Post Author: Grace Pritchard Burson
I didn’t subscribe to Netflix until the beginning of this year. When I finally did, I knew what I would be choosing for my first TV-show binge-watch: the BBC series Call the Midwife.
I had read the first of Jennifer Worth’s memoirs, on which the series is based, at my sister’s house in London in 2011, and as a longtime birth geek (who delivered my own son at home) I was looking forward to seeing the subject of birth tackled with more directness and accuracy than is typical on television.
What I didn’t anticipate was how powerful I would find the show as an expression of faith. Of course, I knew that the midwifery practice was based out of a convent, and that everything the nun-midwives do is inspired by their vocation of love and service. But I’m so used to TV and movies depicting religious commitment as, at best trite and sentimental, and at worst as misguided and damaging, that it was hugely refreshing to see the realistic, respectful way in which the sisters’ Anglican faith is portrayed. It is a source of resilience, courage, and deep sympathy with the people they serve, and it is an integral part of the formation of the young nurse-midwives who work with them, and on whom the series focuses.
Without (much) sentimentalizing or preaching, Call the Midwife shows a community of women whose work is the primary focus of their lives, and who understand that work to be a God-given vocation. It is hard for us today to understand how radical that would have been in the 1950s, and it is a highly unusual thing to see on TV even now. Near the end of season 1, Jenny matter-of-factly tells Jimmy that her work is most important thing for her right now, which is one of the several reasons she cannot contemplate getting involved with him romantically. And one of the most moving storylines in the first two seasons is the ongoing evolution of Chummy, from a terminally shy, clumsy, failed debutante to a self-confident and first-class midwife.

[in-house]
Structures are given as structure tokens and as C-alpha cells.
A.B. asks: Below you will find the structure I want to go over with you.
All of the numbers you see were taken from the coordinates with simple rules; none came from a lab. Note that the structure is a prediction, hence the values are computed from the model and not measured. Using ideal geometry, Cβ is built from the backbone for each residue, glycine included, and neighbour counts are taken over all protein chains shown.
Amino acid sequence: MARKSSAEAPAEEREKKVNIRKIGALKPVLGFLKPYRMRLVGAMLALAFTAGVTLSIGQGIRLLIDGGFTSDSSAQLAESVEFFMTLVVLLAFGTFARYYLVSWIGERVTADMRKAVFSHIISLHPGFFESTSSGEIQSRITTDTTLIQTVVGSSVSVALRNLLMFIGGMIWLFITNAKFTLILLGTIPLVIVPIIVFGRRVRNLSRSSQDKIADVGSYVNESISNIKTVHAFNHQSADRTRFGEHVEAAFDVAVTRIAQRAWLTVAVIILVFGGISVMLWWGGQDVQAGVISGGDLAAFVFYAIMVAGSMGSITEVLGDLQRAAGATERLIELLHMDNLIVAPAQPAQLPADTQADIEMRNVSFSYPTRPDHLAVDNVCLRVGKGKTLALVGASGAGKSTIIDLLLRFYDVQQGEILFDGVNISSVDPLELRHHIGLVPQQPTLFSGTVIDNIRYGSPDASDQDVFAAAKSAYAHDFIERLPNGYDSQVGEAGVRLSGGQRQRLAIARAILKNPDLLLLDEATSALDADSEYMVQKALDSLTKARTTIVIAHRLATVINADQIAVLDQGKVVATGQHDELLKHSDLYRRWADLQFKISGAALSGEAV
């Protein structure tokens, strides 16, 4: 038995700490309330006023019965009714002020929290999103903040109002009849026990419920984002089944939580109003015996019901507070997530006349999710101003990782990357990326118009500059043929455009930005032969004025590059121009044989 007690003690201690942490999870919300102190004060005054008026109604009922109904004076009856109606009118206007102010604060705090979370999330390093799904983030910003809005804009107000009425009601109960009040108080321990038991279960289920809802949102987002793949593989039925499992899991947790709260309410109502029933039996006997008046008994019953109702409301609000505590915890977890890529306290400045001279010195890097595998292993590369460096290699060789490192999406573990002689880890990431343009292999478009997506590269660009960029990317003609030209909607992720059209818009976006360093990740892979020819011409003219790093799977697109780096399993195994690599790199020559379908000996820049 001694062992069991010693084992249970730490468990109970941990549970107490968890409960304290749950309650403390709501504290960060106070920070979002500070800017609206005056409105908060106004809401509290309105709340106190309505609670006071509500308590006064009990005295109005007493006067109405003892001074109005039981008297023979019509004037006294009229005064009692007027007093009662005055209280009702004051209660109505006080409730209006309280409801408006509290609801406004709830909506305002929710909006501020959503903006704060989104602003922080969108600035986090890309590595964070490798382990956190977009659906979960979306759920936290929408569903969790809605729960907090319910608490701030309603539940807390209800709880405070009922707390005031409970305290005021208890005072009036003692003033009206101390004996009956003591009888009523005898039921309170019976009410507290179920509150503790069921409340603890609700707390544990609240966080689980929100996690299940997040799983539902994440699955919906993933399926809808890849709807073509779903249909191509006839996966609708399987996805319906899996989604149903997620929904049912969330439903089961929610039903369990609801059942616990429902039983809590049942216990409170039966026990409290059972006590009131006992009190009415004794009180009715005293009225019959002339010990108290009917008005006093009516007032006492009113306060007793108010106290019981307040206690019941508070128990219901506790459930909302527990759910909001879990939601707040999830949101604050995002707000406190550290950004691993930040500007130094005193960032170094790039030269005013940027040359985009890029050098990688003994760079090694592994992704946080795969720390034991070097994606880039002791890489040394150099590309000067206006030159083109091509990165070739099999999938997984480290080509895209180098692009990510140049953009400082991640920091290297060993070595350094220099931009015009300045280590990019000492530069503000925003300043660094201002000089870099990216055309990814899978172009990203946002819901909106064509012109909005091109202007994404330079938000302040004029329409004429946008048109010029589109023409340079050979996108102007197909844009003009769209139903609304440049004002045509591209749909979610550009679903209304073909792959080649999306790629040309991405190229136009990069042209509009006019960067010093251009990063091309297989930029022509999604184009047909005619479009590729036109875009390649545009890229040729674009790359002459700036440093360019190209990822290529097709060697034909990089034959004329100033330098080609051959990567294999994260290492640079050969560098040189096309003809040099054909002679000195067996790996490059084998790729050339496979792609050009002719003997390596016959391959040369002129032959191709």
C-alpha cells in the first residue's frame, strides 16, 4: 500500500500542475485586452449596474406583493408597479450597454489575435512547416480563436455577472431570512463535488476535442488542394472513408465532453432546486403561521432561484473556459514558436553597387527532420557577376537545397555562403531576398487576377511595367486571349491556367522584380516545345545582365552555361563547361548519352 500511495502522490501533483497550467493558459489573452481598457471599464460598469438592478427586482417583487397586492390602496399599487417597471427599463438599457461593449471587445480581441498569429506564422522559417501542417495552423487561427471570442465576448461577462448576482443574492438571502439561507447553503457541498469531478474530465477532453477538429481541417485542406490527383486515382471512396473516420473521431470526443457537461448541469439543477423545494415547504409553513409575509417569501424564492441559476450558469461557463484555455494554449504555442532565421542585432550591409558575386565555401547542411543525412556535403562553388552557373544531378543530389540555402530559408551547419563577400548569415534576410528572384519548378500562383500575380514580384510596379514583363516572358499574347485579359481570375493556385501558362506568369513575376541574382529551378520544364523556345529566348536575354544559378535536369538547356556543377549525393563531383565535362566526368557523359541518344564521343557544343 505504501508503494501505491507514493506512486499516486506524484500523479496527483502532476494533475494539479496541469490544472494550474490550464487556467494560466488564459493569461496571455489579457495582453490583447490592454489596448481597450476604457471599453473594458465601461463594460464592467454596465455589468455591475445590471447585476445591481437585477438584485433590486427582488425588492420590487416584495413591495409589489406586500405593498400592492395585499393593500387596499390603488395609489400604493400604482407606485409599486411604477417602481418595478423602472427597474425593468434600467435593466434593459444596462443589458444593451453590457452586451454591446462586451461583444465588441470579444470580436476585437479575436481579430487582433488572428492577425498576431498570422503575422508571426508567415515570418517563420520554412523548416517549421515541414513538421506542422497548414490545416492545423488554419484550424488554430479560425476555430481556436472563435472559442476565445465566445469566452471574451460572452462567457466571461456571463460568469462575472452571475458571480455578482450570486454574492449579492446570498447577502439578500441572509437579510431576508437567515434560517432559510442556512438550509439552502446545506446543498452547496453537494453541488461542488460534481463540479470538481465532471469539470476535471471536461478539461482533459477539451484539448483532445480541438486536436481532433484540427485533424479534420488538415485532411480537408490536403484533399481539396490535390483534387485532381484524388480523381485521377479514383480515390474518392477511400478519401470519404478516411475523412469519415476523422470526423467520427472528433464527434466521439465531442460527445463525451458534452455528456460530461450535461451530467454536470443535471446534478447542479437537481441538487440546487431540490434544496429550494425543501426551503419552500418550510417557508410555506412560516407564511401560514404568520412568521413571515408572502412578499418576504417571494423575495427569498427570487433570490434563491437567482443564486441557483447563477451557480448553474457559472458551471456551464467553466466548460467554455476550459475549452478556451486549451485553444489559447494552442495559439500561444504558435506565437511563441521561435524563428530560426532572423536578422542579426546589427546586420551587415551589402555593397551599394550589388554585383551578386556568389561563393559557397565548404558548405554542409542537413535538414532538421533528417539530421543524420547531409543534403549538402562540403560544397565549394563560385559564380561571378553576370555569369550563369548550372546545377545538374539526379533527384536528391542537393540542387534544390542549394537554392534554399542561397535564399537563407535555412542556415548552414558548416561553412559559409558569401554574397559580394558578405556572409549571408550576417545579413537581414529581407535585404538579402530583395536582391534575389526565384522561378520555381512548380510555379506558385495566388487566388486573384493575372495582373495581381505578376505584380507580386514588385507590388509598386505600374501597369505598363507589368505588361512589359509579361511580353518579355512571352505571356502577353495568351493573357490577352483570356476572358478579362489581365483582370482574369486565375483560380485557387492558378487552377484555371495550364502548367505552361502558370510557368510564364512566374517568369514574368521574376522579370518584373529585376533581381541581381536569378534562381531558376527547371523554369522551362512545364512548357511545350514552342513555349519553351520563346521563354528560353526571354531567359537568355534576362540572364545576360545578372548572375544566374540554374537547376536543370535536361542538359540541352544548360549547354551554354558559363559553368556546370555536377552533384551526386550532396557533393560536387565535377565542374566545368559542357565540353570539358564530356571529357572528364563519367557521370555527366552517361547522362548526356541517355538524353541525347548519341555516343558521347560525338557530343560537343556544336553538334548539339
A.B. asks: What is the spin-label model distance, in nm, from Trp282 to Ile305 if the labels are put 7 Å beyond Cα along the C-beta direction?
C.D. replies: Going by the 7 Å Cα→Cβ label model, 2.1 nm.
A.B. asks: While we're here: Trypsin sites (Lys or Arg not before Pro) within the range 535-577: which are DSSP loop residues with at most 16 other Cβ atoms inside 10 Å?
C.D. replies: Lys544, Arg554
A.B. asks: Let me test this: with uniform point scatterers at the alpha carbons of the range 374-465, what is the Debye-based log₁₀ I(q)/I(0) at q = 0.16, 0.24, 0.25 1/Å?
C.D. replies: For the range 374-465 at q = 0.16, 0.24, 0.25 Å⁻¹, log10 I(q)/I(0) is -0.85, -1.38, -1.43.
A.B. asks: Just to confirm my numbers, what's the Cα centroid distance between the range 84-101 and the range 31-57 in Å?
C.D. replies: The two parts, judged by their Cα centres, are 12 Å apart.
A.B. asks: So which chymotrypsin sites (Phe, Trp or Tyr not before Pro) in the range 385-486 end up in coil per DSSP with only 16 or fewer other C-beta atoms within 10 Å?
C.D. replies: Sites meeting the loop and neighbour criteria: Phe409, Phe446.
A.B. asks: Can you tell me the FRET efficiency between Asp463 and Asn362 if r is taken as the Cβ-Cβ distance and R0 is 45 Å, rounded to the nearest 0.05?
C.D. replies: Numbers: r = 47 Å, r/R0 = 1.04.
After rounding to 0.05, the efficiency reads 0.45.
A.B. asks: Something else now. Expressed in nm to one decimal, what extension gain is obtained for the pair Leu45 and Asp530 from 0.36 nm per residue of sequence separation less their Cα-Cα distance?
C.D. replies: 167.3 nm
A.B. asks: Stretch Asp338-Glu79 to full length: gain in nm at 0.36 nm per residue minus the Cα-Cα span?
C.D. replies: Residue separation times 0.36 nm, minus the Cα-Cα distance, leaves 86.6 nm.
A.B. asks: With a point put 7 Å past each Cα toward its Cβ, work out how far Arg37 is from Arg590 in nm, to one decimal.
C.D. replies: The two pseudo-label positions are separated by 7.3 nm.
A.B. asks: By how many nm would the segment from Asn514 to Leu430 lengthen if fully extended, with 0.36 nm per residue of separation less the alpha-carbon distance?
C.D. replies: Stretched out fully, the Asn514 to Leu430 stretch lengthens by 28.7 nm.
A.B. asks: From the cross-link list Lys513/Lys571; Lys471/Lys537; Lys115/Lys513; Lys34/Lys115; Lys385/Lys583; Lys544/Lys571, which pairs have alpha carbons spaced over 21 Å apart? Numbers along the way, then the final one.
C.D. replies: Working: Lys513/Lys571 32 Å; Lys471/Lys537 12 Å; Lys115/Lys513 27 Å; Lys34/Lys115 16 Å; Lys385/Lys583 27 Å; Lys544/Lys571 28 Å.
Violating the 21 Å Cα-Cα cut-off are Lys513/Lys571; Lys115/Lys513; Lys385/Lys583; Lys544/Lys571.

The nuns set a powerful example as professional women, whose confidence in their skills and authority comes from an unshakeable conviction that they are doing God’s work. And the young nurses, regardless of the details of their own faith lives, follow that example and grow in authority and commitment to the people of Poplar.
The Sisters of St. Raymond Nonnatus (based on the real-life nuns of the Community of St. John the Divine) are exposed to every aspect of human life on a daily basis – the heroism of slum women, the suffering of those brought up in workhouses, the back-breaking labor of the dock workers; destitution, filth, vermin, disease, disability, teen pregnancy, racism, abortion, incest, prostitution, madness; as well as the affection of families, the joy and laughter of children, and the thousand and one everyday acts of love and self-sacrifice that constitute life in the slums. This has given them a broad perspective and sympathy that means that they are the opposite of puritanical or judgmental. In fact, Sister Julienne often shocks Jenny by her matter-of-fact acceptance of realities that Jenny’s middle-class upbringing has left her totally unprepared for. The sisters emulate Christ in their acceptance and tolerance of every kind of human foible, preaching the gospel by example, rather than browbeating their patients into accepting their version of morality.